Try React Native. Do it! Do it now!
You’re here, because you’re curious about developing mobile apps with React Native, but you haven’t yet taken the plunge. No matter who you are — a web developer looking to branch out to mobile, a mobile developer looking to bridge the gap between platforms, or an engineering manager who wants to get maintainable mobile products out quicker — hear me out.
I’m here to tell you, that today is the day you should finally try out React Native. (Or, like, this weekend at latest if you’re busy. But no later than that.)
Why today? Because it’s never been easier than today. Whatever has been holding you back in the past, I can almost guarantee no longer will.
In the past few days, the community launched major initiatives to make getting started with React Native development easier than ever.
First, create-react-native-app, a new tool that makes it significantly easier to get started with a React Native project. No need to install Xcode or Android Studio, create-react-native-app works on MacOS, Linux and Windows, and allows you to deploy to real devices on both iOS and Android. Not to mention, it’s simple as:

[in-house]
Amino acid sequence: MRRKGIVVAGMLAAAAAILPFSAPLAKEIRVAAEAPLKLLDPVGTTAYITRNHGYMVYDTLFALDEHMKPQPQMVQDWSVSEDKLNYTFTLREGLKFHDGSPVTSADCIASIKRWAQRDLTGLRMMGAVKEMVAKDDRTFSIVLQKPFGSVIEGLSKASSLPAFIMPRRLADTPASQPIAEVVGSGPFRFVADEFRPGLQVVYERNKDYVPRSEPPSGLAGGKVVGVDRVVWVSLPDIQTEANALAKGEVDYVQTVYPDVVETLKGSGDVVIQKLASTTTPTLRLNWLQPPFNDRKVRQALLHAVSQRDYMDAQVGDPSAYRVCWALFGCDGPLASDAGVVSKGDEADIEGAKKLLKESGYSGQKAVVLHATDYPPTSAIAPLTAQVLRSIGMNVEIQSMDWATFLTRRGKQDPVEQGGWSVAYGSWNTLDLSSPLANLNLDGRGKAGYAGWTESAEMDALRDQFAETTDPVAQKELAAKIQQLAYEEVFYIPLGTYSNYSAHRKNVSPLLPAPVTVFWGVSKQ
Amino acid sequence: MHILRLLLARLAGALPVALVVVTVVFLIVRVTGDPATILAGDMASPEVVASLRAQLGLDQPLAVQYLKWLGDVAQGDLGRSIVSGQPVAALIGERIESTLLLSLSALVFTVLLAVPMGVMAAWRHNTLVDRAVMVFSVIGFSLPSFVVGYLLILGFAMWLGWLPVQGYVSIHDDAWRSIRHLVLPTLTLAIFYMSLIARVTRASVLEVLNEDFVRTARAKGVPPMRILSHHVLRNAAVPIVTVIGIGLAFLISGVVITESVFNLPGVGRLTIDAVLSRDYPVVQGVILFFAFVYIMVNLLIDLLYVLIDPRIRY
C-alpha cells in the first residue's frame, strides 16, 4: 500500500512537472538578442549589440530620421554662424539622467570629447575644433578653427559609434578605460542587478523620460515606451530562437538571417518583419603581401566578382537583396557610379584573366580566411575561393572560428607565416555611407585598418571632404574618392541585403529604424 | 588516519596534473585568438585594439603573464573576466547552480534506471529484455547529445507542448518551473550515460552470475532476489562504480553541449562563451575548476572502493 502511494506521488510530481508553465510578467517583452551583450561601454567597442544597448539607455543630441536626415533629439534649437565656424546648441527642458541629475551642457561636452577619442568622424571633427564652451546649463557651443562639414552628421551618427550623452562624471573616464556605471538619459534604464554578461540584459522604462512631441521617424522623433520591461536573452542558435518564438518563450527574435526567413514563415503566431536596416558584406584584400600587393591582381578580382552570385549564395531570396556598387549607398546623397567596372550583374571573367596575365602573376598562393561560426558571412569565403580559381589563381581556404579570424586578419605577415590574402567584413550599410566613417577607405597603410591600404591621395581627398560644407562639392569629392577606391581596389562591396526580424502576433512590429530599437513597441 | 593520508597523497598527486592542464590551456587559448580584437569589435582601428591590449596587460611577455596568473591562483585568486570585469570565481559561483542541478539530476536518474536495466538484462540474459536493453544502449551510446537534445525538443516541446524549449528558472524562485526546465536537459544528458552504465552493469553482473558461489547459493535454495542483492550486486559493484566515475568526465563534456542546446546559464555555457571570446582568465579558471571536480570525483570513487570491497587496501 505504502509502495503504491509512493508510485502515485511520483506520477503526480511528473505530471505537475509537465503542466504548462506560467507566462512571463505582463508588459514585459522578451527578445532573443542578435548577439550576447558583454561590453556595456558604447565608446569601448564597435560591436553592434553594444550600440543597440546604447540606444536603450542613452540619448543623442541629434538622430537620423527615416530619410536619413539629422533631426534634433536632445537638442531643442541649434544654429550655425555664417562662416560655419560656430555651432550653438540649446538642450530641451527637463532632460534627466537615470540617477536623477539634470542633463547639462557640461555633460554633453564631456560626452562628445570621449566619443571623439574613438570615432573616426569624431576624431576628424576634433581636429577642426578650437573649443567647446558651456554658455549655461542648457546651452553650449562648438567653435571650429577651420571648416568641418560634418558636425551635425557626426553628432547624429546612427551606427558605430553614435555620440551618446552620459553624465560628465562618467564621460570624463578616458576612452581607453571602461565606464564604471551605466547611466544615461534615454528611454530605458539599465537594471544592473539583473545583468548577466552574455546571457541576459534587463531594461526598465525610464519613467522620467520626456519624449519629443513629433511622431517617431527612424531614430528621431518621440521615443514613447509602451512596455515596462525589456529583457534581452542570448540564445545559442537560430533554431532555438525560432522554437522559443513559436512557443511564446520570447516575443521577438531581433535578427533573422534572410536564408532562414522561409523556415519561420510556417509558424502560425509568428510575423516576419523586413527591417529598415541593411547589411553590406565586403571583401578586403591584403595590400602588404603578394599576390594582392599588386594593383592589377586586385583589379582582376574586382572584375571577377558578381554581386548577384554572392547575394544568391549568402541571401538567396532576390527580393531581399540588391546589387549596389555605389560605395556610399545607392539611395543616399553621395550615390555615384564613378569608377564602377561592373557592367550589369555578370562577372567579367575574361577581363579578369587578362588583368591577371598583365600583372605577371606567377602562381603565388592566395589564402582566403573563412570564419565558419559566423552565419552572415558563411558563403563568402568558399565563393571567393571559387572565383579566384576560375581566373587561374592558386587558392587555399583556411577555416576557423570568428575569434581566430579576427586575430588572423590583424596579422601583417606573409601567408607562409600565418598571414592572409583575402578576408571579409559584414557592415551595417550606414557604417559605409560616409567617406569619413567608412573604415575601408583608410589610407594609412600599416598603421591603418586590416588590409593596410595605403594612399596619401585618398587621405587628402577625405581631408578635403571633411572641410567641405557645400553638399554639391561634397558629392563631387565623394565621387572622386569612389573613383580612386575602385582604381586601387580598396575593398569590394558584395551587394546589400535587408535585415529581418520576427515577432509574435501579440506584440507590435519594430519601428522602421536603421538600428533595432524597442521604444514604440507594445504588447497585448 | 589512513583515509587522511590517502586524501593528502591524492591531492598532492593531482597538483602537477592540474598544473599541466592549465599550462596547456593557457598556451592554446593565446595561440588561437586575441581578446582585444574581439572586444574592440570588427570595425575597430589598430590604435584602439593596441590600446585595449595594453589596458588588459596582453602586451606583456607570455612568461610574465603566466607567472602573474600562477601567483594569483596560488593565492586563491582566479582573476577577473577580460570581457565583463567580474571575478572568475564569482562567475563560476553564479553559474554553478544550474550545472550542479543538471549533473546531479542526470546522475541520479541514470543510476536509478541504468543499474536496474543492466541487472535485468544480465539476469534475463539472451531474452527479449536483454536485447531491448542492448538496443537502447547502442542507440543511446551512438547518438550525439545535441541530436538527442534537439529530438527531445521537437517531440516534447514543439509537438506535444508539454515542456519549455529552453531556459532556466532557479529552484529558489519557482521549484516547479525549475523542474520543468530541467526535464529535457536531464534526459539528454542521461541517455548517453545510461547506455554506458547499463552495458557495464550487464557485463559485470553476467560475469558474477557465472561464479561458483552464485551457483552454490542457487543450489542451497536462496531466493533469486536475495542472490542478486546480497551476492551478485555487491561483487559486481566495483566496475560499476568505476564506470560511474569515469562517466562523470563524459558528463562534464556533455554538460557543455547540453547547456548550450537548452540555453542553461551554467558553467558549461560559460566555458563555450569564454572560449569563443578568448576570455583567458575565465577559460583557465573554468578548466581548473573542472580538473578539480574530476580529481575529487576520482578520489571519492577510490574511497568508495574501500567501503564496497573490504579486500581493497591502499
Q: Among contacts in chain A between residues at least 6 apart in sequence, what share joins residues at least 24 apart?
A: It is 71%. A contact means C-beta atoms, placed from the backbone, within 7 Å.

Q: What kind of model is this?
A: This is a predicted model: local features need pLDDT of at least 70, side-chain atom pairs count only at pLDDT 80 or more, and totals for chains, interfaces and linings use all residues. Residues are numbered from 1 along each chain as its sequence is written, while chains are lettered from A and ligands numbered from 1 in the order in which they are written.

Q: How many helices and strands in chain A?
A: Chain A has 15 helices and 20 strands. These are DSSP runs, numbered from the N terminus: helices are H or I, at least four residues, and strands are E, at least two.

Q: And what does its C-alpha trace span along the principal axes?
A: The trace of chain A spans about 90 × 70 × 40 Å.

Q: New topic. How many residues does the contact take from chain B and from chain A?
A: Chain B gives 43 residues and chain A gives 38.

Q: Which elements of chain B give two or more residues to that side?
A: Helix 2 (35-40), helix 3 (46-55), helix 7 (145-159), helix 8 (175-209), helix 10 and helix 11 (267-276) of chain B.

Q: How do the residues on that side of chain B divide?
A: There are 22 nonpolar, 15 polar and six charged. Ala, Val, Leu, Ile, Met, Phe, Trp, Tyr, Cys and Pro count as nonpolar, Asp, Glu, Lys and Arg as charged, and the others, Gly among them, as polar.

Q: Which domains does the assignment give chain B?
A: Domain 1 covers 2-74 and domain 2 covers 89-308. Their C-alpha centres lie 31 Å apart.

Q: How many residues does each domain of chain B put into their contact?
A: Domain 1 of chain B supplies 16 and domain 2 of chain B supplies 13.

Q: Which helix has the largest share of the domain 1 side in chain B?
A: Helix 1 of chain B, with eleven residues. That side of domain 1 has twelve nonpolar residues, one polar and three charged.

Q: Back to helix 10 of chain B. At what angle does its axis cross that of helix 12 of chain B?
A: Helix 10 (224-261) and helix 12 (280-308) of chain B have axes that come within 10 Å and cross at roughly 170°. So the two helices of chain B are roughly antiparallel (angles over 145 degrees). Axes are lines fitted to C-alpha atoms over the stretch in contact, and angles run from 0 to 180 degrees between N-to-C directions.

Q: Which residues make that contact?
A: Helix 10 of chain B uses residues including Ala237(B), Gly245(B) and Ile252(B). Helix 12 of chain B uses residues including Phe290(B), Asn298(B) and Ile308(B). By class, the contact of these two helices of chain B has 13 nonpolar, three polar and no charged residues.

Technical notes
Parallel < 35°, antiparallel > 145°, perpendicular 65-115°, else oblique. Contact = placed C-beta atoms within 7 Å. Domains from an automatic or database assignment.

$ npm i -g create-react-native-app
$ create-react-native-app my-project
$ cd my-project
$ npm start
If even this seems like too much effort, you should try Expo Sketch, a web-based code playground that will have you running React Native code on your own device in less than a minute, with live editing.
Beneath Expo, the core React Native platform has never been stronger, stabler and more performant. Whether or not you use create-react-native-app or start building from scratch, starting a new project today is a much smoother experience today than it was 6 months ago.
Finally, with these barriers removed, what was always true but hidden, is now easy to see: React Native development is incredibly fun. Shipping apps with it is like a multiple nerd-gasm. Web developers will be dazzled by the performance, the touch interactions and the limitless possibilities of native modules. Mobile developers will love the sub-second feedback cycle, and wonders of code sharing between platforms.